Another Face in the Bark

I arrive early for an open air concert by Van Morrison and went exploring the parkland around the stage. I found this face in the bark and it reminded me of an owl.

Tuesday, 21 June 2011

Hungry Trees that Devour Objects!

I saw some strange photographs in today's Sun newspaper. Click HERE to see them!

New Book Blog Launch!

I caught a glimpse of a new blog from a book-lover which has a introductory post that has left me desperate for more. If you like books, then you ought to go over to A Book-Lover's Journey and sign up to follow its progress. Click HERE to visit the blog.

Friday, 17 June 2011


I found a catalogue of surgical instruments the other day. Some of the items on sale frightened me no end. Well, to be quite honest, nearly all of them did so! Here are some sample pages. Ouch! Click once, and then again, for an enlarged view of the instruments!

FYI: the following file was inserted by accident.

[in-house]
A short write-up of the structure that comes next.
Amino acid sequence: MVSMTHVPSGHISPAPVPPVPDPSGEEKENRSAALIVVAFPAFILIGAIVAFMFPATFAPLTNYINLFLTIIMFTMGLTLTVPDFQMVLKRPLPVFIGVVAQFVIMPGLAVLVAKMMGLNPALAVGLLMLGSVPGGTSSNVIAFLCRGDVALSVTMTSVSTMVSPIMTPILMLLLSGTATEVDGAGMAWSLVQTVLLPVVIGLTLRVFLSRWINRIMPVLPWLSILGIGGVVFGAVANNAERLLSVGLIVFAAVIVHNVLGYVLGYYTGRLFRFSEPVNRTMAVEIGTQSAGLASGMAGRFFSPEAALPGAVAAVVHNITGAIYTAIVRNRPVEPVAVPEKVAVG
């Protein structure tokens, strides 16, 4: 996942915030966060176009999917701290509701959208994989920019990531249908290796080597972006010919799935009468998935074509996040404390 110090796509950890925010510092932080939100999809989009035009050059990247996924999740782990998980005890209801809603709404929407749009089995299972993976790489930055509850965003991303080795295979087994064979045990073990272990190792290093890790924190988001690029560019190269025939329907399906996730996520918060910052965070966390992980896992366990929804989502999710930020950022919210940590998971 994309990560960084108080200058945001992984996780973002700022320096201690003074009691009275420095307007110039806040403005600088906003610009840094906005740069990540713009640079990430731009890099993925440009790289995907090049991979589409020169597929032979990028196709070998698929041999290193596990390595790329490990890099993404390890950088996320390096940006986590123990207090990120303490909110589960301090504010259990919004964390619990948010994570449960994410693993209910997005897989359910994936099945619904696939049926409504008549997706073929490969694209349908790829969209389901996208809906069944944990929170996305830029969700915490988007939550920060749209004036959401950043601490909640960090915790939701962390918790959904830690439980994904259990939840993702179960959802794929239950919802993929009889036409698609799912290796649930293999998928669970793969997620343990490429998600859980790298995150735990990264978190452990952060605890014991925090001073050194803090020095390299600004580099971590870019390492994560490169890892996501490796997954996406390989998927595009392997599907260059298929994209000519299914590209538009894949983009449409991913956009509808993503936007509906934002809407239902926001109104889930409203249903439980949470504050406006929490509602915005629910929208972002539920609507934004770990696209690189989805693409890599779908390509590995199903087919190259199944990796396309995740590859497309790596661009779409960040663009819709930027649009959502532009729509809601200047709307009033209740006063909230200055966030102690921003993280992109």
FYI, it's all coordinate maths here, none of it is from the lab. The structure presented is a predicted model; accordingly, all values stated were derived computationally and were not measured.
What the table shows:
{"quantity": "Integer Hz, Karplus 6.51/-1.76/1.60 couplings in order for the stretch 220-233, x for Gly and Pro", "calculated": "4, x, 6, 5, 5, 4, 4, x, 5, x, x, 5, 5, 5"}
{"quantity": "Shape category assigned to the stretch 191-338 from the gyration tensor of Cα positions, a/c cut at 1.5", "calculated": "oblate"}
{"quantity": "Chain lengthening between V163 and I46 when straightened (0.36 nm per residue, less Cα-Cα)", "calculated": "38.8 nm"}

Tuesday, 14 June 2011

Help solve a Puzzle!

I found this photograph at a car boot sale recently. It came with some postcards. I am wondering what sort of people they are. So far, I have imagined they might be prospectors, explorers, quarrymen, but I don't think they are cowboys. Can anyone suggest what their occupation might be? Click once and then again for a close up view. I first thought the location was America, but it might be Australia. Why? Well, the chap on the right of the three blokes at the rear seems to be wearing an Aussie hat, but the man on the extreme right (front) looks is wearing a pith helmet - sometimes known as a sola topee.

Can Photograph Albums survive the Digital Age?

Here is a link to a fascinating article  described as 'An evocative survey of photo albums captures the history of American photography - and asks whether we'll ever impose order on our sprawling digital collections?' Click HERE to read it.